ATLANTIC CITY – New Jersey State Agricultural leaders learned the benefits of promoting 4-H Clubs from an Ocean County student ambassador at their convention last month.
Nora Hansen, 17, a Barnegat Township High School senior, offered some keen insight regarding her experiences in the last nine years as a member of the Ocean County 4-H program.
“When I was only eight years old, I stepped onto a horse farm in my town and fell in love with the animal,” said Nora to the room filled with approximately 125 participants. “The idea of keeping and caring for livestock fascinated me from a very young age.”
As part of her equestrian journey, Nora said she moved on to join the Cross Street Riders 4-H Club and ultimately became part of the Horse Science team for Ocean County 4-H. She not only competed in events like the Horse Bowl, Hippology, and Horse Judging; Nora also became immersed in Veterinary Science, Animal Science, and photography projects.
Nora’s exposure to caring for animals undoubtedly helped her map out a plan for the future as she prepares to graduate high school in June. An extremely focused and determined young woman, Nora intends to pursue a career in veterinary medicine – and she’s thinking big.
The future should find a young Dr. Hansen in either a zoo or wildlife preserve, continuing to make a difference. Nora’s got her heart set on treating exotic species and large animals like lions, tigers, and bears.
Amelia Valente, Senior Program Director of the 4-H Program of the Cooperative Extension of Ocean County, explained why Nora was selected to speak before the state’s agricultural leaders.
“Each county sends a teen ambassador down to the convention,” explained Valente. “They host a display table and talk to dignitaries about their program.”
Nora and Alex Morgan of Jackson earned the honors of attending the convention. When the New Jersey 4-H chair asked if any of the leaders could think of someone to present, Valente knew she had the perfect candidate.
Not only does Nora have a go-getter attitude, in Valente’s opinion, but she also shines as a product of the 4-H program. She exudes confidence, is radiant, and seems comfortable talking in front of the other kids and the general public.
“When many people think of agriculture, they think of sheep, cows, and goats,” Valente shared. “These are parts of traditional farming and important and needed in our state.”
However, Nora also proved she was invested in the collaborative side of farming practices and how important environmental efforts are to agriculturalists. As a member of the Ecology Club and the founder of Barnegat’s Adopt-a-Street program, Nora demonstrated her commitment to the environment.
“Though it may not be obvious to most, there is a direct correlation between environmentalism and agriculture,” said Nora to the group of agricultural leaders. “Environmentalists and agriculturalists do not always get along, but I am here to share why it is important for all of us to collaborate together – to help our Earth.”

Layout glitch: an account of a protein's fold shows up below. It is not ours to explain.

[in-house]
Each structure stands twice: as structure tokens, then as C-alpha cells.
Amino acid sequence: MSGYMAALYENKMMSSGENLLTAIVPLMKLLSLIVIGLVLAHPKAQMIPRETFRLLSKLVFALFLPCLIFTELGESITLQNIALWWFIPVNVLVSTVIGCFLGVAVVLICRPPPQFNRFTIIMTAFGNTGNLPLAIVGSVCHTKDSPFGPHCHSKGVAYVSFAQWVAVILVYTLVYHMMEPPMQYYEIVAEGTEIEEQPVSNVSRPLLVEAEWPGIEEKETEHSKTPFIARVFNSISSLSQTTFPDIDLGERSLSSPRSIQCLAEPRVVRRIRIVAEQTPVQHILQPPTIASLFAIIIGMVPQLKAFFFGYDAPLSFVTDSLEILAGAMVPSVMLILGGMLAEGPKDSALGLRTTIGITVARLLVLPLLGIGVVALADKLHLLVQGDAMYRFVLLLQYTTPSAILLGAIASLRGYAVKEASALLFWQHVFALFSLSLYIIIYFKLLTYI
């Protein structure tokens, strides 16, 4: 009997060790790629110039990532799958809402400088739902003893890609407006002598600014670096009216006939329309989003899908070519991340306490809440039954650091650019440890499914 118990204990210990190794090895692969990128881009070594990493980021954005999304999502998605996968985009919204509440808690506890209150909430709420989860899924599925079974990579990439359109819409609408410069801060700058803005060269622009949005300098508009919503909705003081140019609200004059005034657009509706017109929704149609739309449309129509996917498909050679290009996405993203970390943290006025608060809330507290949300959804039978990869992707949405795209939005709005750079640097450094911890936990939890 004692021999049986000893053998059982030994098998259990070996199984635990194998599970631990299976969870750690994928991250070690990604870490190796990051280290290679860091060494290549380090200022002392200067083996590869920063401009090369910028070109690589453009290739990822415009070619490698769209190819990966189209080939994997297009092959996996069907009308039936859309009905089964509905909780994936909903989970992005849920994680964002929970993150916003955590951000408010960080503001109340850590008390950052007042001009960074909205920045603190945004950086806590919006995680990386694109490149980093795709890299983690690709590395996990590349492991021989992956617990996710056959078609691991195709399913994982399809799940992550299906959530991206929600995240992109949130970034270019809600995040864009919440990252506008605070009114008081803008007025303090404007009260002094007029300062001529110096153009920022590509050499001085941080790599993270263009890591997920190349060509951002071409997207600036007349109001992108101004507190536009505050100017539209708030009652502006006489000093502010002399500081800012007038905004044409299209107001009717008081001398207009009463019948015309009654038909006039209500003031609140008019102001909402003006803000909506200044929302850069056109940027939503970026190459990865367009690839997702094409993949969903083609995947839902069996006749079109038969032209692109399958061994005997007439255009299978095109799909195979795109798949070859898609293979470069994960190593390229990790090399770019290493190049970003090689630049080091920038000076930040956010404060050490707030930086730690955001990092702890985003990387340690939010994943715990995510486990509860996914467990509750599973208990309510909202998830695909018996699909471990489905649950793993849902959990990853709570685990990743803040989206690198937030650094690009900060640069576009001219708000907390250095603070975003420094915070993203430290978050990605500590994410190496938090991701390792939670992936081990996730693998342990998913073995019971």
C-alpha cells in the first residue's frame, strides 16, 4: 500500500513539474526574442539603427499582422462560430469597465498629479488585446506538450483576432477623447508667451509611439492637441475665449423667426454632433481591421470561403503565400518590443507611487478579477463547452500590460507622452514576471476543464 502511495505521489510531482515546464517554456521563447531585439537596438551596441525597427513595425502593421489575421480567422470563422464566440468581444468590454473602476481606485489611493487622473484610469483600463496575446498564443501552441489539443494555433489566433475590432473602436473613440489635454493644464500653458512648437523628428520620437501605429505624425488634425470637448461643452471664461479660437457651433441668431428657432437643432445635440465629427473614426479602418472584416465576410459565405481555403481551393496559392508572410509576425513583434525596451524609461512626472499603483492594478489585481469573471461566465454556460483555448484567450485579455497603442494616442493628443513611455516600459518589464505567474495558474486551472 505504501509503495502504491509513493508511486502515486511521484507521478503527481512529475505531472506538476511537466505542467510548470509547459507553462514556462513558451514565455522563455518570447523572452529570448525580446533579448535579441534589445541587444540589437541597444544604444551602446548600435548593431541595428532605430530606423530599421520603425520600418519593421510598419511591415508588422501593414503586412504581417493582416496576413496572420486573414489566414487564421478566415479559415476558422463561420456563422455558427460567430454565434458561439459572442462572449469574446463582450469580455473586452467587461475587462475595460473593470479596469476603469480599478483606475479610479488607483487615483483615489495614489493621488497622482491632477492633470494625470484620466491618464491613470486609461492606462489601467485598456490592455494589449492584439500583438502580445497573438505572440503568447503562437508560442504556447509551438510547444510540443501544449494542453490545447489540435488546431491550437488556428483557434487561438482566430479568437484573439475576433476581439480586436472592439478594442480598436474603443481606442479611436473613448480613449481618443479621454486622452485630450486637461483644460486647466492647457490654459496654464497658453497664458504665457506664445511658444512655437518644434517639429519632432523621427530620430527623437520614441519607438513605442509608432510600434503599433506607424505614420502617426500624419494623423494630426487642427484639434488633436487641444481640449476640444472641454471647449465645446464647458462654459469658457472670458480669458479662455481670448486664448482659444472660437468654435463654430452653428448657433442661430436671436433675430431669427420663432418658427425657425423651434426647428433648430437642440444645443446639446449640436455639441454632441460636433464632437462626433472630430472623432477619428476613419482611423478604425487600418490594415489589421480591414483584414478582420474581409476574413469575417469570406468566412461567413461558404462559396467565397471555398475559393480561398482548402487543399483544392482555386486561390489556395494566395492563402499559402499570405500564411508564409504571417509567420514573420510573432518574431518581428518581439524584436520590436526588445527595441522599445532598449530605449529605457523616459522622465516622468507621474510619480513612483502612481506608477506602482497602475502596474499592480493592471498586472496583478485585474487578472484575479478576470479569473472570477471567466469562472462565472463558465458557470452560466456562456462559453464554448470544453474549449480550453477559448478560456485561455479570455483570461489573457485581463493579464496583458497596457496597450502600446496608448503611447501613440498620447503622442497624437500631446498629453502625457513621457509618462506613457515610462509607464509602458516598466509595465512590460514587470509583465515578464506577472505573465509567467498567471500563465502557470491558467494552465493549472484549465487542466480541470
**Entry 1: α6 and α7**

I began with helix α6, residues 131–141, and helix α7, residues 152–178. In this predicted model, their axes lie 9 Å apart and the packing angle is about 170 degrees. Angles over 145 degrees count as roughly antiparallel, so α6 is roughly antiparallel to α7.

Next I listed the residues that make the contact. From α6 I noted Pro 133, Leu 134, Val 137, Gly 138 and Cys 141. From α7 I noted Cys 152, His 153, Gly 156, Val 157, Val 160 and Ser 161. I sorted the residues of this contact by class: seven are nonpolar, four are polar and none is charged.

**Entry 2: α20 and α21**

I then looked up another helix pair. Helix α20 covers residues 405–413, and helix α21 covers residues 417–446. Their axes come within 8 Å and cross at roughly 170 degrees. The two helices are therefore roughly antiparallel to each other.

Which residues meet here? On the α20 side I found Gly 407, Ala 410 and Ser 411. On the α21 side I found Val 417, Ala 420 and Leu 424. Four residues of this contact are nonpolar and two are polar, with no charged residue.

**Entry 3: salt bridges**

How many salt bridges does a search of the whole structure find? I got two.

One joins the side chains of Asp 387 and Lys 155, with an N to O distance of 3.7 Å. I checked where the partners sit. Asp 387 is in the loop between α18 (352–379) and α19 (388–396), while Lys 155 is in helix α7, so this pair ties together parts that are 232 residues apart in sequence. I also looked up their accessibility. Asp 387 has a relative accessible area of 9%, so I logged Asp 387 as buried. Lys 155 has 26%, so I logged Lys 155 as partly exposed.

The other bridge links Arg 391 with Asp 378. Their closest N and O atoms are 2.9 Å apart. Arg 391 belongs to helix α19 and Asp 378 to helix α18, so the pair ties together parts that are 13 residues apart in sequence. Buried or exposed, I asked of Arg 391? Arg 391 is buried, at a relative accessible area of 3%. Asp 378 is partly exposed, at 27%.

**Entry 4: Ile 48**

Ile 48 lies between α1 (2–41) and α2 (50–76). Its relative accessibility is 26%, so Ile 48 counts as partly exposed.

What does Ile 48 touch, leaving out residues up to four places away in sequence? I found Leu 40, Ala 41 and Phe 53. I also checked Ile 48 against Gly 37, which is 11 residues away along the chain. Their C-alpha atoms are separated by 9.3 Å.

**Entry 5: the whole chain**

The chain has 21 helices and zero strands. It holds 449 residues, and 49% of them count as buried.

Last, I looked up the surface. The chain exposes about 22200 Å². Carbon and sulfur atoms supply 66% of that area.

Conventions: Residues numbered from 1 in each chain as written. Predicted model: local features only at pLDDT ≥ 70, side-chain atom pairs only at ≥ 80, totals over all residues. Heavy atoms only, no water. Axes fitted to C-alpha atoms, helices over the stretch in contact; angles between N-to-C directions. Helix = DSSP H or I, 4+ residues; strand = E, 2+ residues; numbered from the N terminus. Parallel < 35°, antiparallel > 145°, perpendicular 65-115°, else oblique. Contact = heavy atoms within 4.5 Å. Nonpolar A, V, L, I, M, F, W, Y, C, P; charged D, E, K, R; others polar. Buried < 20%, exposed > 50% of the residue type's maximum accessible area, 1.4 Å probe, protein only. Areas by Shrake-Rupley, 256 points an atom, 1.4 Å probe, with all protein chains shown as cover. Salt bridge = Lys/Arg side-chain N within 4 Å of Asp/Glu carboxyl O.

By way of example, Nora said that she recently teamed up with “Save Barnegat Bay” to help keep our waters clean and protect our ecosystems by fighting back against unsafe fishing practices.
Additionally, Nora has developed a passion for soil, composting, and vermiculture, which is the artificial rearing or cultivation of worms. The teen reminded the agriculturists that it was crucial to the environment to ensure compostable items weren’t wasted by being sent to landfills.
Valente said Nora’s presentation made a significant impact on the group that was impressed by how the teenager married the two subjects. The feedback is not surprising to those who know Nora in her hometown.
The summer before she entered Barnegat High School, Nora and her friend Jenna Marcy appeared at a meeting before the governing body. The two girls worked with then-Dunfee School Counselor Michele Cucinotta to present a targeted environmental program.
At just 13 years old, Nora was already on the way to demonstrating her skills as a gifted speaker who could convince adults to do the right thing as far as the environment. She and Jenna did an audio-visual exhibition on the merits of volunteer clean-up of local streets. The Adopt-A-Street proposal was put into effect in 2019 and continues to thrive.
Like many graduating seniors, the next year of Nora’s life may well be in the hands of college admissions officials. She’s already received acceptance letters from TCNJ, UCONN, Susquehanna, Delaware Valley University, and Rowan Universities. Good things often come to those who wait, as Nora hopes to hear from her first choice of Duke University with positive news soon.